How Does the American Platform Ecosystem Work?

Platformization is an enormously complex phenomenon, which has disrupted not just markets and sectors, but has started to uproot the infrastructural, organizational design of societies (Helmond 2015; Plantin et al. 2016; Van Dijck, Poell & Nieborg, 2019). It is crucial to study how platform ecosystems operate, because we still know too little about big platforms’ technical operations, their governance and business models – partly as a result of those being trade secrets. Roughly put, the Big Five operate infrastructural platforms (e.g. cloud services, data centers, satellites, etc.), intermediary platforms (e.g. social networks, pay systems, login and identification services, cloud services, advertising agencies, search engines, app stores, navigating services, etc) and sectoral platforms (e.g. educational apps, health apps, etc) (Van Dijck, 2020; Van Dijck, Poell, and De Waal 2018, chapter 1). The potential to integrate dataflows both horizontally and vertically at the back-end of these platforms constitutes the invisible power of these five Big Tech companies across the different layers of the ecosystem. In the meantime, nation-states increasingly rely on the global system’s datafied and commodified mechanisms for their vital economic and democratic functions, such as Google’s and Facebook’s advertising systems and Facebook’s and YouTube’s role in the distribution of news and video content. Besides owning and operating the infrastructural core of platforms, the Big Five are also branching out in a variety of sectors that are progressively interwoven with this online infrastructure. Indeed, platformization affects all sectors in society, both private (e.g., transport, finance, retail) and public (e.g., education, health), hence also affecting the common good.

The accumulation of platform power happens at two levels: (1) through ownership relations and partnerships between tech companies that operate both infrastructural and sectoral platforms and (2) through the invisible mechanisms underlying the platform ecosystem, such as the steering of data flows, envelopment of users, invisible selection criteria, and algorithmic lock-ins that facilitate path dependency. (Van Dijck, Poell & De Waal, chapter 2). At both levels, power is exercised between infrastructural and sectoral platforms, as well as across sectors. Tech companies leverage control over data flows and algorithmic governance not just through a few major infrastructural platforms (e.g., Alphabet-Google in Search and Cloud services) but extend these powers across many sectors (e.g., Google Apps for Education, Google Health, Google Shopping). Unprecedented network effects across the global online ecosystem are thus gained through the potential of horizontal, vertical, and “diagonal” integration of data flows, creating user lock-ins and path-dependency (Van Dijck 2020).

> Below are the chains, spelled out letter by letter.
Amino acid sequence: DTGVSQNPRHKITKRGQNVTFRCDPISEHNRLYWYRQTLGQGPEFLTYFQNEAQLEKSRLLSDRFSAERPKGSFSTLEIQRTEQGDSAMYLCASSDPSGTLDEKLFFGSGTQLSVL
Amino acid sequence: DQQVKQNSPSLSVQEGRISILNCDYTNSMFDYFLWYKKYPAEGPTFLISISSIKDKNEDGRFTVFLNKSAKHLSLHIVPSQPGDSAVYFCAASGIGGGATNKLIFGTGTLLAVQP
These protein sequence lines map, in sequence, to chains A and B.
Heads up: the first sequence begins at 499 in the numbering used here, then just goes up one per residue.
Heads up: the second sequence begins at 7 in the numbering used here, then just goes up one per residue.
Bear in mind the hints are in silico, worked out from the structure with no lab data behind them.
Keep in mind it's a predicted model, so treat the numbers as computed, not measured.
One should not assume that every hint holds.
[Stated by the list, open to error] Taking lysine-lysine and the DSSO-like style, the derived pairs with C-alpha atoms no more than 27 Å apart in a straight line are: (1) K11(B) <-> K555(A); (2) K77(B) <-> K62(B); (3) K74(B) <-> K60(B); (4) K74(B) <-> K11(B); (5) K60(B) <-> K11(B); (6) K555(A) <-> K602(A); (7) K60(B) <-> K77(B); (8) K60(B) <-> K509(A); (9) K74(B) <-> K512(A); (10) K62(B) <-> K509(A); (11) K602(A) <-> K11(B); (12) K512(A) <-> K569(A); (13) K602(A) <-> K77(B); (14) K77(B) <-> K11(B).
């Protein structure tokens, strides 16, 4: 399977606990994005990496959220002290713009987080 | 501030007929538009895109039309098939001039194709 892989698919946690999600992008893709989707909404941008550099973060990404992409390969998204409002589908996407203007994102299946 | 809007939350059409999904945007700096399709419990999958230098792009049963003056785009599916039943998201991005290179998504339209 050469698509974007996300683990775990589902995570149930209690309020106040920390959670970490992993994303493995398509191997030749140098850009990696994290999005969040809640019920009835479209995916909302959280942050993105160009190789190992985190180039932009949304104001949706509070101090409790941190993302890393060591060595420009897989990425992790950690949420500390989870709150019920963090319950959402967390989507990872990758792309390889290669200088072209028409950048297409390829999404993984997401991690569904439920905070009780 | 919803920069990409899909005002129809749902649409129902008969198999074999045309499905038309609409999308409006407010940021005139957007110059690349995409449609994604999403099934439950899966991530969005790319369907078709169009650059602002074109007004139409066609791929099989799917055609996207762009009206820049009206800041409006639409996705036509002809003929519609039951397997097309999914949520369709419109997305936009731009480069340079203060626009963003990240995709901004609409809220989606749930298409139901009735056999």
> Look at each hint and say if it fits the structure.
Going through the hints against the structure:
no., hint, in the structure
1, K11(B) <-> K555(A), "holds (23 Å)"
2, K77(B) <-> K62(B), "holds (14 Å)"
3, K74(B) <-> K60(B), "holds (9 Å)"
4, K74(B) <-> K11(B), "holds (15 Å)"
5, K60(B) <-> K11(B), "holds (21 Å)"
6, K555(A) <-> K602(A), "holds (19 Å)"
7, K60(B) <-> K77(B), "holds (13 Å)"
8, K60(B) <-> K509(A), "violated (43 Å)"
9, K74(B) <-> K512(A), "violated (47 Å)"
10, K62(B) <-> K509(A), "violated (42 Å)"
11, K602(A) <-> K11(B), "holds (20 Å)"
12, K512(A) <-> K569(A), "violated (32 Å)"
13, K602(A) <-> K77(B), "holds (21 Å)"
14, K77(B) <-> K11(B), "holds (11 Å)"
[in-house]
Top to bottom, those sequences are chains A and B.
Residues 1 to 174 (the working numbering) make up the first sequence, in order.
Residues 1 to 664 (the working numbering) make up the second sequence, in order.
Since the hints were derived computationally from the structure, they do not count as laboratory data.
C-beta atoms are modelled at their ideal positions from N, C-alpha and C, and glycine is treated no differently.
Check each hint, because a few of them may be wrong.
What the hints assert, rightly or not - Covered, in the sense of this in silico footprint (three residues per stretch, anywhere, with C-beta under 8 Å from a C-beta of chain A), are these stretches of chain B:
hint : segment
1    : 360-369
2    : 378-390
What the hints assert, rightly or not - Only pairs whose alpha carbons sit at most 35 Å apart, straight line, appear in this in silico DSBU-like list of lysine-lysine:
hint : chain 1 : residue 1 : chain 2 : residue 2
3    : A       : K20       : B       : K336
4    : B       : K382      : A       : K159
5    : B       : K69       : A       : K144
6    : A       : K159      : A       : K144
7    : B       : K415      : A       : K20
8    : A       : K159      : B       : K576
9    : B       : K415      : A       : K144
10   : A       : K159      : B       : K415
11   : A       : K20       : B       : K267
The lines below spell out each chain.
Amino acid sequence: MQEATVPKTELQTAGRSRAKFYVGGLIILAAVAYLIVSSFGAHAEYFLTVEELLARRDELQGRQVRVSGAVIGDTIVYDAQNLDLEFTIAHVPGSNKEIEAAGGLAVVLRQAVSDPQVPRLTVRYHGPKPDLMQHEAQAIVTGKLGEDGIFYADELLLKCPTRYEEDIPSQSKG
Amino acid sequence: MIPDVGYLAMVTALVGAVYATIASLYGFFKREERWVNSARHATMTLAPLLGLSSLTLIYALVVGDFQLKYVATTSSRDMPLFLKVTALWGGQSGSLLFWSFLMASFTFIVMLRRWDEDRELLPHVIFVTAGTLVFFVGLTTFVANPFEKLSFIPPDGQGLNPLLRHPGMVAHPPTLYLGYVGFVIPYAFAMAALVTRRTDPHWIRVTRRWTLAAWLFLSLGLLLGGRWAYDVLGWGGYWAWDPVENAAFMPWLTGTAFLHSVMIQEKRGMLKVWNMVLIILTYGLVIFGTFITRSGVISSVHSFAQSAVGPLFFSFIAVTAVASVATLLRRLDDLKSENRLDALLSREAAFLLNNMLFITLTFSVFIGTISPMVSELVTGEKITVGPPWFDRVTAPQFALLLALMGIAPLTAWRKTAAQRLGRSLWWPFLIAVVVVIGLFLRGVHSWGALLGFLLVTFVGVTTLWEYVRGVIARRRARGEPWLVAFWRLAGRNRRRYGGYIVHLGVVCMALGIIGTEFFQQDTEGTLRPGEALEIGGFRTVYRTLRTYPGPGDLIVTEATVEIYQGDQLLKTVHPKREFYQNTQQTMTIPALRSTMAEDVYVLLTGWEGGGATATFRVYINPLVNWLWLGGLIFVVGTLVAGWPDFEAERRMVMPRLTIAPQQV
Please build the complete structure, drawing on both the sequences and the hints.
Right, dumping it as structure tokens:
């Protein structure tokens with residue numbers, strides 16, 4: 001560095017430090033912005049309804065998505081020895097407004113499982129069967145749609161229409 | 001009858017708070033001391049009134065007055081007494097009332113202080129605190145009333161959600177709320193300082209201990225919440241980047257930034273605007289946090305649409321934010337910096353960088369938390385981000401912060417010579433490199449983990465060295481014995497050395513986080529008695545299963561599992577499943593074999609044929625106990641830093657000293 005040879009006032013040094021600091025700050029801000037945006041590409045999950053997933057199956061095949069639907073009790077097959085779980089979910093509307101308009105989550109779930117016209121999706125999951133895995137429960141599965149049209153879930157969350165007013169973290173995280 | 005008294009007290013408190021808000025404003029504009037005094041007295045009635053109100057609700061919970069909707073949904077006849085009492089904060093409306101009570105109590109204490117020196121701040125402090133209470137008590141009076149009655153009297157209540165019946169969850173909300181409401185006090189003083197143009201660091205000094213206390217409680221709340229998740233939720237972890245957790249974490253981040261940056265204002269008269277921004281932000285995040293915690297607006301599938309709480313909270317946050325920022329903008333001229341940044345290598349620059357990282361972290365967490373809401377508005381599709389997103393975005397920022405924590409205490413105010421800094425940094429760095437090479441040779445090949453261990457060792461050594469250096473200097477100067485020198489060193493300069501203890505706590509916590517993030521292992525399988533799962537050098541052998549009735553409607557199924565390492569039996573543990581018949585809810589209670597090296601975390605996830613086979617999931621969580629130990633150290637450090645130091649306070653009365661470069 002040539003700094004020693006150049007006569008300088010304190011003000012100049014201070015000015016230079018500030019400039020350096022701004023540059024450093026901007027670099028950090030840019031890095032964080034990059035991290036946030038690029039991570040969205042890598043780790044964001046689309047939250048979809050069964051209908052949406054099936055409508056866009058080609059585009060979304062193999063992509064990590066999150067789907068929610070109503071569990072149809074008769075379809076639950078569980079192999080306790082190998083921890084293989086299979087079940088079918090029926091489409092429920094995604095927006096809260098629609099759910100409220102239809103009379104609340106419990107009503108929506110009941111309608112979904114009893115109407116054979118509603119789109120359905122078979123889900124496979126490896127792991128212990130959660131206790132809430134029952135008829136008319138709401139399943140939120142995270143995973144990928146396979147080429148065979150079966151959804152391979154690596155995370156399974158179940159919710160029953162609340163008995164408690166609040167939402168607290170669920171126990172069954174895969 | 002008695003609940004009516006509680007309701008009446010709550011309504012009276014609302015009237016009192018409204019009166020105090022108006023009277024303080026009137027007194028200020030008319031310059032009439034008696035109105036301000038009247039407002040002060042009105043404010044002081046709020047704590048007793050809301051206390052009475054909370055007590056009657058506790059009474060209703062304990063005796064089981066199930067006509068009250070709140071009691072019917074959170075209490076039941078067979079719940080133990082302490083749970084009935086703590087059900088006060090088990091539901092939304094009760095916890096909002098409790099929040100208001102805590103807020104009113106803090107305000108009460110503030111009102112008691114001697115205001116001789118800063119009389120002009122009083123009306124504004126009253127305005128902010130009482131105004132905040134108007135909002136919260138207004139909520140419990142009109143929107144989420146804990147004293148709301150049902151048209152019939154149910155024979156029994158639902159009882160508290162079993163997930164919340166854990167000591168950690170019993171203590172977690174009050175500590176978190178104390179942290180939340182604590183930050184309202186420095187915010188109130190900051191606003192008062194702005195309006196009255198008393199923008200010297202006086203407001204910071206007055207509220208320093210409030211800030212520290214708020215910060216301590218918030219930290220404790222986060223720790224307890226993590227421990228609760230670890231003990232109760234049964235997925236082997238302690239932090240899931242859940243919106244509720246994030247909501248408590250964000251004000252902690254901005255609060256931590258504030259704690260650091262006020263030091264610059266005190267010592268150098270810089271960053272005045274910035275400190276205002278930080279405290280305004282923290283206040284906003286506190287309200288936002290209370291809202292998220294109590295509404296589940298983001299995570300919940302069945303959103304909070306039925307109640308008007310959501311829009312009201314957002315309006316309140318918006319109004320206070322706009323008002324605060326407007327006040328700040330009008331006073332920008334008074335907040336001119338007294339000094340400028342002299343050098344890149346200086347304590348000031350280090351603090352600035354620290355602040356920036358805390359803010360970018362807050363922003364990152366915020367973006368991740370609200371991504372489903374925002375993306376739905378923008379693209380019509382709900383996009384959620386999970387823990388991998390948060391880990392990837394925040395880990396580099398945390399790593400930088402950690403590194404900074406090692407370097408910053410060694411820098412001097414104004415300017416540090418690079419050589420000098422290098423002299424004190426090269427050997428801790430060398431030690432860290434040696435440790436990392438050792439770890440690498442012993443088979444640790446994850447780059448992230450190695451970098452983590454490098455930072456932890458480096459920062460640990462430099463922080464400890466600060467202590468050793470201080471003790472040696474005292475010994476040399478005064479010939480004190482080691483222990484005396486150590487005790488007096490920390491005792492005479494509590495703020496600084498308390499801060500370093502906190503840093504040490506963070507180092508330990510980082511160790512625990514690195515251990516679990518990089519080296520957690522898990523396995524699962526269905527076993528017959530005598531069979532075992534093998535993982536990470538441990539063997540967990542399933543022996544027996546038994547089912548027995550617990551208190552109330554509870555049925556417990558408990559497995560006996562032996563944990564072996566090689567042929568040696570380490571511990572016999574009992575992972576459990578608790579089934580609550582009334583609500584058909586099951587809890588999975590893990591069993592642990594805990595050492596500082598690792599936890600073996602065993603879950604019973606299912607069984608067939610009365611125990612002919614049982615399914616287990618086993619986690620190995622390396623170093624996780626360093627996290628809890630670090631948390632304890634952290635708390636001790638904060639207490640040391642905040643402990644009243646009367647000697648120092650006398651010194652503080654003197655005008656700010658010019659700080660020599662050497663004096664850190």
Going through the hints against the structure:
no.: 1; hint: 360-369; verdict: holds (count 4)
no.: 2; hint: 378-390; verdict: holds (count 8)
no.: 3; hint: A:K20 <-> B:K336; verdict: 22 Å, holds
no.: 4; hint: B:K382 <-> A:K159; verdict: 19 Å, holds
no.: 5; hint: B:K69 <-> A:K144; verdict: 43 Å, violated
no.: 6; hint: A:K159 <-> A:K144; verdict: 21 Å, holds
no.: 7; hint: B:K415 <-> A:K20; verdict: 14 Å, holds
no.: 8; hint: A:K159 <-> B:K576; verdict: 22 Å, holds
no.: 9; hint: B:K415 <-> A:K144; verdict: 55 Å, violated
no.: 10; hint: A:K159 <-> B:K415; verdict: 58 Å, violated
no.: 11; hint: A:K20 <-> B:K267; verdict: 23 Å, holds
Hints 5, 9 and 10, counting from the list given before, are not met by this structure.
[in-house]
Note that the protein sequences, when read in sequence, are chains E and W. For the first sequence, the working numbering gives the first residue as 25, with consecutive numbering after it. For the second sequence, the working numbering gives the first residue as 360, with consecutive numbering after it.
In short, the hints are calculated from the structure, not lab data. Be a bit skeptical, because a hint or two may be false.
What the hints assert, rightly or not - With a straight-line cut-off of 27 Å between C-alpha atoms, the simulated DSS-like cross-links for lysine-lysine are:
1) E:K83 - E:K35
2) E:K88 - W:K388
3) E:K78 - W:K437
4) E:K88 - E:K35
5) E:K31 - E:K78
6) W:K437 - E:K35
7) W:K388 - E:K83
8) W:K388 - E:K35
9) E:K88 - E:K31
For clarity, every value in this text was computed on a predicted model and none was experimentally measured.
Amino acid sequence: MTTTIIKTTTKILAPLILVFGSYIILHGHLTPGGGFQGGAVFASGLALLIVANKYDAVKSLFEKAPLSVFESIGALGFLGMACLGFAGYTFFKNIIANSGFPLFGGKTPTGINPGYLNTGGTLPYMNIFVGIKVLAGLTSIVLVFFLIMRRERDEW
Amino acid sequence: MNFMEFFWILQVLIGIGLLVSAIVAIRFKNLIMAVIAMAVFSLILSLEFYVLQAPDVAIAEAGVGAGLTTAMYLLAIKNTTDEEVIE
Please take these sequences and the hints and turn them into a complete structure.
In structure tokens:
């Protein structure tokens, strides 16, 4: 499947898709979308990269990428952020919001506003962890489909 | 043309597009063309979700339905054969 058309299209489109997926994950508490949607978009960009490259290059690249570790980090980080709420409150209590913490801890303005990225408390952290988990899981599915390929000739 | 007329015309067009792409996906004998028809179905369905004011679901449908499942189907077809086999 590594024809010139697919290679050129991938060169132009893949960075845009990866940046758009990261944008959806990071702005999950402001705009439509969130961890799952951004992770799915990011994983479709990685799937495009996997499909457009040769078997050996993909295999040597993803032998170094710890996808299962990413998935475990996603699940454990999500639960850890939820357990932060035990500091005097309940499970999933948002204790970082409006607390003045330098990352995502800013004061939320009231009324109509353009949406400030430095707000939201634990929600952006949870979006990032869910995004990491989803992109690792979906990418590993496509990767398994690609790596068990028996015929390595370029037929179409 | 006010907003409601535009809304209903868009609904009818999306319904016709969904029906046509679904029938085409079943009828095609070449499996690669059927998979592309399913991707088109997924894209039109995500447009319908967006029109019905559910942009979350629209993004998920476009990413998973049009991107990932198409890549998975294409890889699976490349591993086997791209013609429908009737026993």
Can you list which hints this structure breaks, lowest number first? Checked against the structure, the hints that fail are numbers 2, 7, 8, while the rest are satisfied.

The platform mechanisms underpinning the ecosystem are largely opaque and out of sight for users and governments. Platformization is overwhelmingly driven by commercial interests that often take precedence over societal values. Some of the main problems are an almost total lack of transparency into how data flows are steered within and between sectors, how algorithms influence user behavior, how selection mechanisms impact the visibility of content, and how business models favor economic transactions over the public interest. In addition, public sectors that historically serve and protect the common good, such as education and health, are rapidly encapsulated in the American platform ecosystem, where they risk being turned into privatized commodities. Platform companies inadvertently take over vital functions from state and public bodies once they become major gatekeepers in the circulation of health and educational data flows as well as in news and information cycles. Platforms thus increasingly become the new infrastructural providers. As Mark Zuckerberg observed in 2017, Facebook wants to be a “social infrastructure” – a term that resonates with the notion of public utilities. Global social infrastructures, as we know, come with awesome responsibilities not just for the welfare of the company and its shareholders, but for the wellbeing of the people as societal stakeholders.